Megan Tripp ’14 / Emertainment Monthly Staff
10. On Writing Well by William Zinsser
Although this book focuses mainly on nonfiction writing, the details and advice Zinsser gives can be applied to any type of writing. He doesn’t push his methods on you, in fact, he starts the book by saying that everyone views writing in their own way and works differently. But through his many anecdotes, you walk away feeling like you just had a refreshing conversation rather than a lecture.
9. A Moveable Feast by Ernest Hemingway
While this posthumously published manuscript by the late great icon is mostly autobiographical, he drops in tidbits of writing advice that any aspiring writer should read. One of his most famous quotes can be found here; “Do not worry. You have always written before and you will write now. All you have to do is write one true sentence. Write the truest sentence you know.” Not only do you get great writing advice, but you also get the pleasure of hearing about his wonderfully entertaining drunken escapades at the same time.
8. What Would Your Character Do? by Eric Maisel, Ph.D. and Ann Maisel
This book is more for the aspiring writer who has the itch to write but not character with a mind of his own to drive the story. With sections like “At The Airport” and “Meeting the President” and “At The Sex Shop,” this book gives you thirty scenarios to run through with your character to give them a distinct personality that can drive your writing. My personal favorite is “Flirting” which is accompanied by a paragraph entitled “How the Modern Woman Flirts.” Excellent material for your character and your personal life.
7. The Best Short Stories (any year)
Aspiring writers, even if you want only to write the nest Great American Novel, you must read short stories. And these collections, no matter the year, are extremely helpful. Despite the title, these stories are not all magnificent no matter what your fiction professor tells you. Reading any of these can tell you what works and what really doesn’t work and you can cross out sections of your Great American Novel accordingly.
6. Bird By Bird by Anne Lamott
A staple in any aspiring writer’s bookcase, Lamott takes you “bird by bird,” one thing at a time through the writing process. She’s witty and encouraging and her anecdotes make you feel like she’s sitting next to you and patting your back as you go along. She gets frustrated, like you get frustrated with writing but she always gets you back on track toward your Great American Novel.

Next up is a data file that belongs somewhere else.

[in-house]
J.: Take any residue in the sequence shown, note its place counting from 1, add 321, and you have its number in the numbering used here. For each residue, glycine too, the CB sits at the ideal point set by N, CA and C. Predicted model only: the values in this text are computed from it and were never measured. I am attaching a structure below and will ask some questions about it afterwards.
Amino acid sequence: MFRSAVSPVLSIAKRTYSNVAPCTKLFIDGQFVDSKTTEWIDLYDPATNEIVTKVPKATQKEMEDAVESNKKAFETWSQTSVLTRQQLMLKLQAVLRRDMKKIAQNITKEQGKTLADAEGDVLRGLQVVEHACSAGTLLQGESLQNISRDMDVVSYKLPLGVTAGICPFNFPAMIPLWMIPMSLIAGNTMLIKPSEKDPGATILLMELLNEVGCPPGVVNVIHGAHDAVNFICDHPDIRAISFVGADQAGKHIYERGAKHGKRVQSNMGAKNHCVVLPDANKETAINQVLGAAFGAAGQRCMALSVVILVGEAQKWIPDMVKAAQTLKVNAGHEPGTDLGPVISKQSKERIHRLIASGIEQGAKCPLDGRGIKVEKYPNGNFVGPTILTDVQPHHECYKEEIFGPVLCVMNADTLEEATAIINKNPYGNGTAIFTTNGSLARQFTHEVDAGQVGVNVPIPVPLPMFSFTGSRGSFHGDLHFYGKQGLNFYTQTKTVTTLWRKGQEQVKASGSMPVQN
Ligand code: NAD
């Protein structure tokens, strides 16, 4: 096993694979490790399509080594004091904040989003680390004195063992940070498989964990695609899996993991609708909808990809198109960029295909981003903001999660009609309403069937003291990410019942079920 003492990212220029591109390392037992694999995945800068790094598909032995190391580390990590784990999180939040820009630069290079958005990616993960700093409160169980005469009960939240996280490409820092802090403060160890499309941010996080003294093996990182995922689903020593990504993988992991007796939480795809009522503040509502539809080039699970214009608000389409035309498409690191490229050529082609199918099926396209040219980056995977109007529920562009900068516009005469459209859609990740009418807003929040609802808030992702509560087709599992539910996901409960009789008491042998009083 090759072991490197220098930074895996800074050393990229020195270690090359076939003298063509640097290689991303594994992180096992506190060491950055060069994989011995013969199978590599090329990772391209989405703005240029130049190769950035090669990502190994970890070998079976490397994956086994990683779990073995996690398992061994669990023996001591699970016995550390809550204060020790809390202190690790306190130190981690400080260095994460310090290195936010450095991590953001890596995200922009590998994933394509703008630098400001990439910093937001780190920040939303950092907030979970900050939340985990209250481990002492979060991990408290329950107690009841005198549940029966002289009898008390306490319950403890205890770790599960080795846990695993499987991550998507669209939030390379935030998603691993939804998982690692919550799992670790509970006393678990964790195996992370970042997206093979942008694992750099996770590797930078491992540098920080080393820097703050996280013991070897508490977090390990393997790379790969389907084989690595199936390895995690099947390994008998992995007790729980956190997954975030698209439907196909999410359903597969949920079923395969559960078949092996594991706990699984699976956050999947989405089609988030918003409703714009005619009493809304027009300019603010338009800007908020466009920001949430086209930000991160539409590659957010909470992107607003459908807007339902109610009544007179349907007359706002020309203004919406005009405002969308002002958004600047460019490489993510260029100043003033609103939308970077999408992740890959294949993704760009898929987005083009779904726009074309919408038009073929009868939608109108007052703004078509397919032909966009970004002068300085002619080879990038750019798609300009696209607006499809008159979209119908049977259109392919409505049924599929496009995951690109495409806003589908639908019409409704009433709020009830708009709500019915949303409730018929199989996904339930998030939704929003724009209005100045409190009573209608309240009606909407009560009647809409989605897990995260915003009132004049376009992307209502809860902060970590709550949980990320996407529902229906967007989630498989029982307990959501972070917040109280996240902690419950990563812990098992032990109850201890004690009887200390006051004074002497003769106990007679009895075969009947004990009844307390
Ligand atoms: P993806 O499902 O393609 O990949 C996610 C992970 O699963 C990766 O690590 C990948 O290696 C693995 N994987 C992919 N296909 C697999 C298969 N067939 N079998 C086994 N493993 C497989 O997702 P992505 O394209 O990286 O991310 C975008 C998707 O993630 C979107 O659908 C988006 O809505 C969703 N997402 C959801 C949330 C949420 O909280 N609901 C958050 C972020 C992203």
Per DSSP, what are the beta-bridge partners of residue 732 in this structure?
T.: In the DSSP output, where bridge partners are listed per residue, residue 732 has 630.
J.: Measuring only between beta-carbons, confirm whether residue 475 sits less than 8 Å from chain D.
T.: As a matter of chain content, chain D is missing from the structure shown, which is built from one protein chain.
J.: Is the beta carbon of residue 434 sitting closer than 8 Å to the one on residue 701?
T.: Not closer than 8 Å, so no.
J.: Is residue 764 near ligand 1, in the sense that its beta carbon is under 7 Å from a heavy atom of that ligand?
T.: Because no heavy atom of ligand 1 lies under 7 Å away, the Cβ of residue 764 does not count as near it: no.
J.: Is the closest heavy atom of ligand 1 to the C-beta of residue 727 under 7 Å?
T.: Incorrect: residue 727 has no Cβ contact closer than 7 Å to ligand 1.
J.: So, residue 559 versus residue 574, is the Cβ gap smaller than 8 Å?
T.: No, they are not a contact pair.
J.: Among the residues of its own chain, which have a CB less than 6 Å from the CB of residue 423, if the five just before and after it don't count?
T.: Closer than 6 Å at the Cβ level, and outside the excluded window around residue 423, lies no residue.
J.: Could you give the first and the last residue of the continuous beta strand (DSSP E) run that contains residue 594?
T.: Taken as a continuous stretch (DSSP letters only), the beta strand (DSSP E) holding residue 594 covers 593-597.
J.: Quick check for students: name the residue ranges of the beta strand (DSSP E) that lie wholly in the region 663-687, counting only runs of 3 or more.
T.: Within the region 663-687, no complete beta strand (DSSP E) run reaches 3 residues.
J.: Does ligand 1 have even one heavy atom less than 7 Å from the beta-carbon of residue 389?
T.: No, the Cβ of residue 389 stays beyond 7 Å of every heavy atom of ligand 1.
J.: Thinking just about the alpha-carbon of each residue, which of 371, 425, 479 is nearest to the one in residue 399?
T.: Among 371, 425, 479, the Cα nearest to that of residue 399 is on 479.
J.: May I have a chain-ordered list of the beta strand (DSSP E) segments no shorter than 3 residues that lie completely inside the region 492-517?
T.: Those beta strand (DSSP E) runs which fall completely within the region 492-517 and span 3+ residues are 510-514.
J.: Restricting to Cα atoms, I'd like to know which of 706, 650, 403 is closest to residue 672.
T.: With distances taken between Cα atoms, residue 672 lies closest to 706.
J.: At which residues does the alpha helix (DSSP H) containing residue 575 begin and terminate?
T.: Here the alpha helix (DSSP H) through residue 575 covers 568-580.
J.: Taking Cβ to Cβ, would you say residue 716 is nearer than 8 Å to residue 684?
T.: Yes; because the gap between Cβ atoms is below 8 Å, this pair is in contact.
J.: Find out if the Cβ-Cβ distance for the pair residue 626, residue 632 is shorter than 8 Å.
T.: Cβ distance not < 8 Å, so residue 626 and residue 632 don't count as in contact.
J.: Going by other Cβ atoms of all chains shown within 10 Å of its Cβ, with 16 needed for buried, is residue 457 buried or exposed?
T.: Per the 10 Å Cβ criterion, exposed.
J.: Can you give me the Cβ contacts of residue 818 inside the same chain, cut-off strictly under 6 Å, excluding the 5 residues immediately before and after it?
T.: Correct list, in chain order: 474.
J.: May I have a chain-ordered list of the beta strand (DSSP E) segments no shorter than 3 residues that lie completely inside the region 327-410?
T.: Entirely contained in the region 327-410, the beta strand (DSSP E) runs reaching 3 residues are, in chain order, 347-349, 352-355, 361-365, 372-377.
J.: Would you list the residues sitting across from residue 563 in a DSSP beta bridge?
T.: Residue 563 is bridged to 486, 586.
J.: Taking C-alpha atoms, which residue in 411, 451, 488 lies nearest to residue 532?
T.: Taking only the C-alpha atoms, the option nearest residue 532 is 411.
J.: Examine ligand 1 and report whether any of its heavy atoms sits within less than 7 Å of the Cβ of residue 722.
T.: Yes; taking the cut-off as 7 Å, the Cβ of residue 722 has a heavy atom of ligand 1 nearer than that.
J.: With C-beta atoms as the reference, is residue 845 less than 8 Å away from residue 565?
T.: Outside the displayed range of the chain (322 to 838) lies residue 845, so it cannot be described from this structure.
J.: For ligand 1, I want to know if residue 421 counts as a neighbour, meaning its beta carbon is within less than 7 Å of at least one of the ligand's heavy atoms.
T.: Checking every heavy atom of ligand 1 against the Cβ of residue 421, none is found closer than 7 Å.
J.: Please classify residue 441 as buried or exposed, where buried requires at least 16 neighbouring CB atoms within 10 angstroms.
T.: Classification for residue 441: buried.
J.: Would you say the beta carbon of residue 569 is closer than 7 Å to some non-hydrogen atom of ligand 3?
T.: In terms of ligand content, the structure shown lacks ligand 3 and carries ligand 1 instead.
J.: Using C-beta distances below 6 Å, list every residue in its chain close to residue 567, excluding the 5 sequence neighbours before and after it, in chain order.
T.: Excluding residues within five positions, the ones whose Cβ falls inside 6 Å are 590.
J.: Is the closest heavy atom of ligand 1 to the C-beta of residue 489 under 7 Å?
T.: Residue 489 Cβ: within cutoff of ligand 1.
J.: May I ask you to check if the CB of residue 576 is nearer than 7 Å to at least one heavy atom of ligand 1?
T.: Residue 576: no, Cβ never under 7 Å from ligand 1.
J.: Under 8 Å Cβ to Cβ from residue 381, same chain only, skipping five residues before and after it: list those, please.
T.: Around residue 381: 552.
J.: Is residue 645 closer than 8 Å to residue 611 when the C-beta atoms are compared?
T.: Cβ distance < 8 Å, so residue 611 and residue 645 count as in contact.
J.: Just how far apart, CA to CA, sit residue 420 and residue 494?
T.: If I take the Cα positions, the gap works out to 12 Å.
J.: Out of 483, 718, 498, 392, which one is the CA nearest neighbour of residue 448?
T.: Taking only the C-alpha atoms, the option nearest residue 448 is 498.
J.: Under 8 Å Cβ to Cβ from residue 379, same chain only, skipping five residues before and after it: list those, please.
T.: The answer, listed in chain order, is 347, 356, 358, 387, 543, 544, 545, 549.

5. The Princess Bride by William Goldman
Yes, this is the greatest movie of all time, and yes, the book is even better just to read for fun, but Goldman will teach you more about metafiction in this one book than any class ever. The story is told through many different narrators and everything is in Goldman’s head but by the halfway point, he’s got you under his thumb and you’re invested. Once you get over the initial awe-struck silence from the first read, read it again and really pay attention to what he did to make you believe him.
4. The Lord of the Rings Trilogy by J.R.R Tolkien
Tolkien is the master of fantasy. No doubt. So, aspiring writers, if you’re looking to create your own mythical world like that of J.K. Rolwing’s or Christopher Paolini’s, look to the master. The sheer amount of detail that went into these books is astonishing and while no one can hope to reach Tolkien’s level of awesomeness, there is certainly a lot to learn from reading his books. There’s no conscious thinking or observing that needs to go into reading these, just sit back relax and soak it in. He will influence your writing whether you want him to or not. (And no, you can’t just watch the movies and go try to write. That’s cheating.)
3. How to Write a Sentence and How to Read One by Stanley Fish
Fiction and lit professors have talked to you about the importance of your first sentence. But Fish in this book stresses the importance of every sentence. He admits in the first few pages to belonging to a “tribe of sentence watchers” and takes you through multiple authors and shows you just what works and what doesn’t. Sentences are just as crucial as story and character and plot and Fish will guide you to best sentence you can write.
2. The Elements of Style by William Strunk Jr. and E.B. White
Your high school lit teacher probably assigned it to you, and you probably didn’t read it. Go dust off your copy and read! I firmly believe that you cannot call yourself a writer, aspiring or not, if you haven’t at least looked to this book for reference. It’s not as fast-paced or exciting as say The Princess Bride, but it has what you need. All those little things, like sentence structure and punctuation and spelling, are the most important parts of a good story. Tolkien made up an entire mythical language, but first he mastered the English language. Go dig it out and read it!
1. On Writing by Stephen King
I am a huge sucker for Stephen King so take this number one with a grain of salt. Much like Hemingway, and most writers talking about their personal craft, King is a little egotistical and talks a lot about his life story before he gets into the writing details. If nothing else, his autobiography taught me to keep your rejection letters to motivate your fire to finally get published and to never ever get addicted to drugs. Two very important lessons. But once King gets into his discussion about the craft, he leaves you with metaphors, like his famous toolbox of writers’ tools, that you will unintentionally use to write your Great American Novel in the future.